With that out of the way, let us examine the different temporal interpretations we can fit this narrative into, and what the implications are from these different views of time, beginning with Eternalism. Eternalism is the philosophical view that time exists as a four dimensional structure, most often described as a cube or rectangular prism. The past, present, and future are all contained within this cube, which makes it easy for Eternalists to claim that past entities, such as dinosaurs, do actually exist but are in the past. Theorists most often contrast Eternalism with Presentism, the view that the only things that exist are the things that are right now. To use a common metaphor, Presentism’s conception of time is akin to a film being projected on a screen, while Eternalism’s conception of time is the collection of every frame in that film stacked on top of one another, constructing a cube of infinite frames. One would naturally wonder why we can not see the future like we see the past due to the past, present, and future all existing within the temporal block, which is a good question and one that has yet to be entirely answered. The best answer we have currently is that entropy moves in only one way, so we can only perceive the time block in that one way. Time travel itself does also work with Eternalism quite well, the only caveat being that if one changes the past, the change must have been priced in, so to speak in the block itself, at least if the time travel wishes to be Novikov self-consistent, which are scenarios that are much more coherent and possible both physically and metaphysically than time travel scenarios where one can change the past without the change being priced in. An example of this feature of “priced in” would be if a criminal vowed to travel through time to avoid his sentence by killing the guards who escort him into the prison, and the criminal sees an old man with an injured hip walking towards the guards with a gun. The old man shoots the gun and hits the criminal in the hip due to the old man’s injured hip, permanently injuring the criminal. The time traveling criminal did affect the past by injuring his hip, but the criminal still served the prison sentence. If one did seek to actually change the past unlike Novikov self-consistent stories, Eternalism can work, but in these cases, the block itself would split into two timelines, one where the past remains the same and is completely unaffected by the time travel, and one where the past, and thus the future, changed as a result of the time travel.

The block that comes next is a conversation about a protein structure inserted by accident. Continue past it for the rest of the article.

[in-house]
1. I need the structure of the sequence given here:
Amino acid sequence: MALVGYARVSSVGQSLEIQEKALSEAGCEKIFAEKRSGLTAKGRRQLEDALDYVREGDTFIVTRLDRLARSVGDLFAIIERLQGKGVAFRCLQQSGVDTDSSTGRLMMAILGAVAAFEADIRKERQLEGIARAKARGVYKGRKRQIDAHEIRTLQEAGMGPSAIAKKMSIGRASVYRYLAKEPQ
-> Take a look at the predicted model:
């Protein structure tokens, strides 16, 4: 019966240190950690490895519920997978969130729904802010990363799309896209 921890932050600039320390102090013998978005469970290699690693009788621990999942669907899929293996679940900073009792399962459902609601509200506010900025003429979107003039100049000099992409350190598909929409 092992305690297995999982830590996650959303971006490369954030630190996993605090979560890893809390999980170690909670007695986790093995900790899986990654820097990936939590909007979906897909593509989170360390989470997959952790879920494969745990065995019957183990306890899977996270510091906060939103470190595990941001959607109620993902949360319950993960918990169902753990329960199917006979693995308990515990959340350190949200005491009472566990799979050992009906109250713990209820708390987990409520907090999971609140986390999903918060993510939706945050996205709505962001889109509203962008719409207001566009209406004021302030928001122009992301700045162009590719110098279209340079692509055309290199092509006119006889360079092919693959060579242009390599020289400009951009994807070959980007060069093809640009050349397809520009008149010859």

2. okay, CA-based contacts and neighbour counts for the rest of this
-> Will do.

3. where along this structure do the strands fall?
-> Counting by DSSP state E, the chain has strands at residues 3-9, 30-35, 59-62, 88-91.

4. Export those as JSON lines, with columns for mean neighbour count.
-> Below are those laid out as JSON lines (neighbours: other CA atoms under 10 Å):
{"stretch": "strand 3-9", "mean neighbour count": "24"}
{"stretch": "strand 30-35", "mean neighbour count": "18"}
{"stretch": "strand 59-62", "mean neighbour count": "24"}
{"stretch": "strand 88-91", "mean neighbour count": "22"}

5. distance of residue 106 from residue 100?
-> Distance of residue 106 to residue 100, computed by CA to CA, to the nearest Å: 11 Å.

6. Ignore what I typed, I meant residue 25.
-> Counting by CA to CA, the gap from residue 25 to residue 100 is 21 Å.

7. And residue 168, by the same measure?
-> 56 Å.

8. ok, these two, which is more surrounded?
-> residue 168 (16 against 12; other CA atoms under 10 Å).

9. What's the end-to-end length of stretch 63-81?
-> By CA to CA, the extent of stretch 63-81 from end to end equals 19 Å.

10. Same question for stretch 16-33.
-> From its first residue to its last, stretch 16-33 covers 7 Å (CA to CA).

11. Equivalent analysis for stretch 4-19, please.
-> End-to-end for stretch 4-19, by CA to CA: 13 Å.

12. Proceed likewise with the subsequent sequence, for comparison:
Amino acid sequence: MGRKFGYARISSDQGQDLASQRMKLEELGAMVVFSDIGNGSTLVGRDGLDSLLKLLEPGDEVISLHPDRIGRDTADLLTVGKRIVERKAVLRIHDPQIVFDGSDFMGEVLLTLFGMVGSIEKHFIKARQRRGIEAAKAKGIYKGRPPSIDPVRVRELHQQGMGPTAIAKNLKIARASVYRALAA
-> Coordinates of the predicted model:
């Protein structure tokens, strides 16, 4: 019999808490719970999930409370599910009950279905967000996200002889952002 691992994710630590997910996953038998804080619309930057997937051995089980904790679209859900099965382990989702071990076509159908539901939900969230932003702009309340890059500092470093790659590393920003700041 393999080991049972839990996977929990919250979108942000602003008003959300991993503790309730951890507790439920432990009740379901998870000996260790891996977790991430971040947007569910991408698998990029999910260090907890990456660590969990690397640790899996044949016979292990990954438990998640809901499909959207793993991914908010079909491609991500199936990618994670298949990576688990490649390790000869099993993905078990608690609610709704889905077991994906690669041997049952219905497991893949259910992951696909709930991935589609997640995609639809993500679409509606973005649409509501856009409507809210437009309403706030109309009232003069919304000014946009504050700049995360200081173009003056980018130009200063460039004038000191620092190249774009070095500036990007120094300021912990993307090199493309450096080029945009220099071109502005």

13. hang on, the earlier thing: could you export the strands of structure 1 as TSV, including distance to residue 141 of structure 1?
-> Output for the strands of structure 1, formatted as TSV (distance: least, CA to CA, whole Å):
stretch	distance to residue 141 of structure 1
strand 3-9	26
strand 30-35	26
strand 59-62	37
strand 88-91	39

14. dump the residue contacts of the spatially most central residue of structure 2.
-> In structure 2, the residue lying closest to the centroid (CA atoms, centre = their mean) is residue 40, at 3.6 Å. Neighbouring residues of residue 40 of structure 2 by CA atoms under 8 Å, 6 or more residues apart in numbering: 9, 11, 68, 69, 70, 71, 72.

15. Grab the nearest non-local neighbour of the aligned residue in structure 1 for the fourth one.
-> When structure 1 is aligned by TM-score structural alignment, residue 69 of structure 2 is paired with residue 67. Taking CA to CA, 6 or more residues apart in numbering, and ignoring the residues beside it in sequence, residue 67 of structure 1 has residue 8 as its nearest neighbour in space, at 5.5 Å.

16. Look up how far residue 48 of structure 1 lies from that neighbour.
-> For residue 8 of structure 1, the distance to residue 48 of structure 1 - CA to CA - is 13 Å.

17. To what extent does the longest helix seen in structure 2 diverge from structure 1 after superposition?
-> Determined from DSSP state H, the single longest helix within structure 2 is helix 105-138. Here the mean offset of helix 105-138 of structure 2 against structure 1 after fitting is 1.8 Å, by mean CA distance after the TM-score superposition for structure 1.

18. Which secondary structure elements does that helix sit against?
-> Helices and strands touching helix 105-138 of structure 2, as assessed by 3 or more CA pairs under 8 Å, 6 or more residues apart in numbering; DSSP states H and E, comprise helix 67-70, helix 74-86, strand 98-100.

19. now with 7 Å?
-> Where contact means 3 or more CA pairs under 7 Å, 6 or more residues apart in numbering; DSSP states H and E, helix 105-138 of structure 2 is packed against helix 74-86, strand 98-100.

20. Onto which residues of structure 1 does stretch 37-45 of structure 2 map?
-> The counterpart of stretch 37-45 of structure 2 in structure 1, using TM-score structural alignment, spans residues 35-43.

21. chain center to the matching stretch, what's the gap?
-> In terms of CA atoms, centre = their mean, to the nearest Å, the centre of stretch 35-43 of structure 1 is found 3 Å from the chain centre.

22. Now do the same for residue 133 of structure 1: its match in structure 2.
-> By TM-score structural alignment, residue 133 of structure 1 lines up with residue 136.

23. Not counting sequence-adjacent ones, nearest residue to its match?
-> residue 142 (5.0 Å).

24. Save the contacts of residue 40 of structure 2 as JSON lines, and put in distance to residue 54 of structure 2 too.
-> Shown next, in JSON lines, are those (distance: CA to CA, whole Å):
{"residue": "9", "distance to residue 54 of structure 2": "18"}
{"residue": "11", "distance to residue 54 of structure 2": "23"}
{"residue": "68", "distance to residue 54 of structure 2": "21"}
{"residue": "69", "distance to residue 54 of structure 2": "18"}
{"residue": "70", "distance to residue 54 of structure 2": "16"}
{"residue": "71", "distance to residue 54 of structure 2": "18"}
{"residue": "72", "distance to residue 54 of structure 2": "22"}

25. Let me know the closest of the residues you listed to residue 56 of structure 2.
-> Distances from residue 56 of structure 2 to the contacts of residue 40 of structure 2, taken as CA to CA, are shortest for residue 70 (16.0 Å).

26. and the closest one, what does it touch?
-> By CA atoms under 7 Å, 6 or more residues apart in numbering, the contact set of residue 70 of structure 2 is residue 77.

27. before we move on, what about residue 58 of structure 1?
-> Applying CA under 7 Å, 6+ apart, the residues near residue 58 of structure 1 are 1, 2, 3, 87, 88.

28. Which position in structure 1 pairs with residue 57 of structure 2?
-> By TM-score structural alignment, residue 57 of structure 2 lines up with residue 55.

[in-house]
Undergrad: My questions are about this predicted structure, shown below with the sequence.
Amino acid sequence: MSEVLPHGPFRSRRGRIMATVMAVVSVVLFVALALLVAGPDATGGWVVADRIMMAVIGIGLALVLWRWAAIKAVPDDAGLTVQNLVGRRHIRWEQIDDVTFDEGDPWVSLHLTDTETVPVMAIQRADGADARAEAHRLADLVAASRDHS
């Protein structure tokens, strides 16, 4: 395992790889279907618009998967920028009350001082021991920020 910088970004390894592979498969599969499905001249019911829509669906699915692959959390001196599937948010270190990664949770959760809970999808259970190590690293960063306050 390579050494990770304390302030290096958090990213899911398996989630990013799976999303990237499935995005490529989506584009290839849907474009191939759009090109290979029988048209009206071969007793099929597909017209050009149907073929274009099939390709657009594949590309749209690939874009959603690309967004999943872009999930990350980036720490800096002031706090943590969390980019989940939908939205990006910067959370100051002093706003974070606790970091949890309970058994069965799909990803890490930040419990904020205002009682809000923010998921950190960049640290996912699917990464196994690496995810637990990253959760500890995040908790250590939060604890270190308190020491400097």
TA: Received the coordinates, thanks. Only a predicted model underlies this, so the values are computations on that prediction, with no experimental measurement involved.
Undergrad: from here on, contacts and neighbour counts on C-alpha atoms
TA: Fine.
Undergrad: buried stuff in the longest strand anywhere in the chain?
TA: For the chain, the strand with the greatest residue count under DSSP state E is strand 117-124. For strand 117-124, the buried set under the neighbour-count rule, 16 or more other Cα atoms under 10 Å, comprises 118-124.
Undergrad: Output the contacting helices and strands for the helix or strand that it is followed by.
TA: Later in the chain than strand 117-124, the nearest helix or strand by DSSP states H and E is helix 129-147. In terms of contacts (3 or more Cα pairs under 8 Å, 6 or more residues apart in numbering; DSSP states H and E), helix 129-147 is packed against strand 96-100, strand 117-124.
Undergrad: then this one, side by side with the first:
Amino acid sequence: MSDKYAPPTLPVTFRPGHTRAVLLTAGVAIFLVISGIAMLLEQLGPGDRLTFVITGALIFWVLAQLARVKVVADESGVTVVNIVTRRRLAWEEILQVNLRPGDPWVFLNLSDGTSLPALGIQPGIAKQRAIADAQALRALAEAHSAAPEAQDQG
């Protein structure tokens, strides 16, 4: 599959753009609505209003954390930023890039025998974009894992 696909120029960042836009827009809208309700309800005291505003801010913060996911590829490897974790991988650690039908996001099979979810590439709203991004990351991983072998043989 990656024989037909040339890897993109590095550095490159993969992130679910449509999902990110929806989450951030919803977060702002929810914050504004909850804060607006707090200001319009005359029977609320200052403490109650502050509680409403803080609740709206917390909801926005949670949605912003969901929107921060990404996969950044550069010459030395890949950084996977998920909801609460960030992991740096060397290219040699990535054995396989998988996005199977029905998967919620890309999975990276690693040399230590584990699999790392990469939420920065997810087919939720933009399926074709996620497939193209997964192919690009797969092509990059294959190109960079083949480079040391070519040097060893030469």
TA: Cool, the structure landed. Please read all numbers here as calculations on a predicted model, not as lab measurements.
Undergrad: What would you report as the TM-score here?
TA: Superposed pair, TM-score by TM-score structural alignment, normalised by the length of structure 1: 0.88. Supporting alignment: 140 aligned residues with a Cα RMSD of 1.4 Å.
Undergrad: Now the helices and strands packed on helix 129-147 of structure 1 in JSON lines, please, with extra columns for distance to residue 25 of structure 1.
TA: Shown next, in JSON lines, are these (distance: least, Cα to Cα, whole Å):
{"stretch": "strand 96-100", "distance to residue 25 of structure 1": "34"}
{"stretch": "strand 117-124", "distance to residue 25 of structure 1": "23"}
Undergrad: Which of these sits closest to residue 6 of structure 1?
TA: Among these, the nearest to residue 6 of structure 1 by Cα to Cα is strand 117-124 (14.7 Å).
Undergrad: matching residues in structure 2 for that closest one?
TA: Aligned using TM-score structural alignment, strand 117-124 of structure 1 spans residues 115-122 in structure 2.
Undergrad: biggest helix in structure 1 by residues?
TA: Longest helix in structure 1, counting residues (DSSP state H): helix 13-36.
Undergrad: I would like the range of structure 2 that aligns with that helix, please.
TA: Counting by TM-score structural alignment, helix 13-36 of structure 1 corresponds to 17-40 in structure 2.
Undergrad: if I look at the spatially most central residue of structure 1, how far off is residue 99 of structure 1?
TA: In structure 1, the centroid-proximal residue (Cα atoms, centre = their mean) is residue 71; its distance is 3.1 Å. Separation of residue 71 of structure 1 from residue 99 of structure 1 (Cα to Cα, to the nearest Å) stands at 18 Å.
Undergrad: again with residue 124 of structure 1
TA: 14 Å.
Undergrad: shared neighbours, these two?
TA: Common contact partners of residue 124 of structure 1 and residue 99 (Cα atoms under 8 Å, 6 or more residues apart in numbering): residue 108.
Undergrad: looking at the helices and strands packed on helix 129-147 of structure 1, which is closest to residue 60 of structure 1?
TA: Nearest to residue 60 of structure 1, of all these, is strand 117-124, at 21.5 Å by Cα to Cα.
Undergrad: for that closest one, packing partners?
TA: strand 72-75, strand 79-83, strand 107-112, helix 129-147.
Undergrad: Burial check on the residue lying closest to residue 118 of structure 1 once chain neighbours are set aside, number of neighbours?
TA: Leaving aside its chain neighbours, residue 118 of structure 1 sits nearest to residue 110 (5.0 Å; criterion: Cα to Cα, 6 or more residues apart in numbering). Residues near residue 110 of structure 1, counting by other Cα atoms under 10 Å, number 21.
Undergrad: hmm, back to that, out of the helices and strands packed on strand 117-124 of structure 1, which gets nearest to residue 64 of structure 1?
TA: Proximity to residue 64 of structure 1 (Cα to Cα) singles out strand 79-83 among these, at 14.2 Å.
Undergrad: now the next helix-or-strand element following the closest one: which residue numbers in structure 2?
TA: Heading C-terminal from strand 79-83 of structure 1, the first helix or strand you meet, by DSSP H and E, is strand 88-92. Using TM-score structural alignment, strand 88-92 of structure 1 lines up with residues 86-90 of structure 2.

Now, if we ascribe the Eternalist view onto The Return, we do immediately get some arguments in its favor. Jeffries’ diagram of time being akin to an infinity symbol could certainly imply an Eternalist view, that the past, present, and future all exist and are real. The Eternalist interpretation is bolstered by the events that happened within the past. Laura Palmer sees the time traveling Cooper in the past and screams at him, a scream that the audience up until this time traveling episode, was unaware of the cause, since there was no cause for Laura to scream shown in the Twin Peaks film Fire Walk With Me, in which the scream first occurred. The fact that Laura did see time traveling Cooper back in the original canon of the series, even though the audience was unaware at the time, possibly indicates that Cooper’s attempt to enact the change by trying to rescue Laura is priced into the block of time. However, this possibility is made less plausible by the black and white of past events turning into color as Cooper walks Laura away from her death, likely signifying that the past has changed and is now within the present's canon, or more likely a branching timeline’s canon. If Cooper’s actions were priced in, the past could not have been changed in such a way that Laura’s body disappears from the shore of the lake, yet the body does disappear. All this means is that The Return is not Novikov self-consistent because Cooper is able to change the past, unlike the time traveling criminal. Even still, Cooper’s time travel can still be coherent and possible within Eternalism via the branching blocks conception. Thus, the Eternalist conception is still possible even if The Return is not Novikov self-consistent, Cooper would just create a splintering time block. Cooper’s process of time traveling itself also supports an Eternalist viewpoint, at least the conventional ideological viewpoint of Eternalism: the B theory of time. The B theory of time holds that all temporal facts are reducible to facts that hold B-features, namely that they are based on date alone. An example of one of these B-facts is the fact that Laura Palmer was killed on February 23, 1989. When Cooper tells Jeffries where he wants to go in time, he specifies a certain date, in which Jeffries traces the infinity symbol of time to that date. The fact that Cooper did not use any tensed facts, and only dates, goes hand-in-hand with the high likelihood of past, present, and future all being bound by the infinity symbol, the series’s analogue to the time block.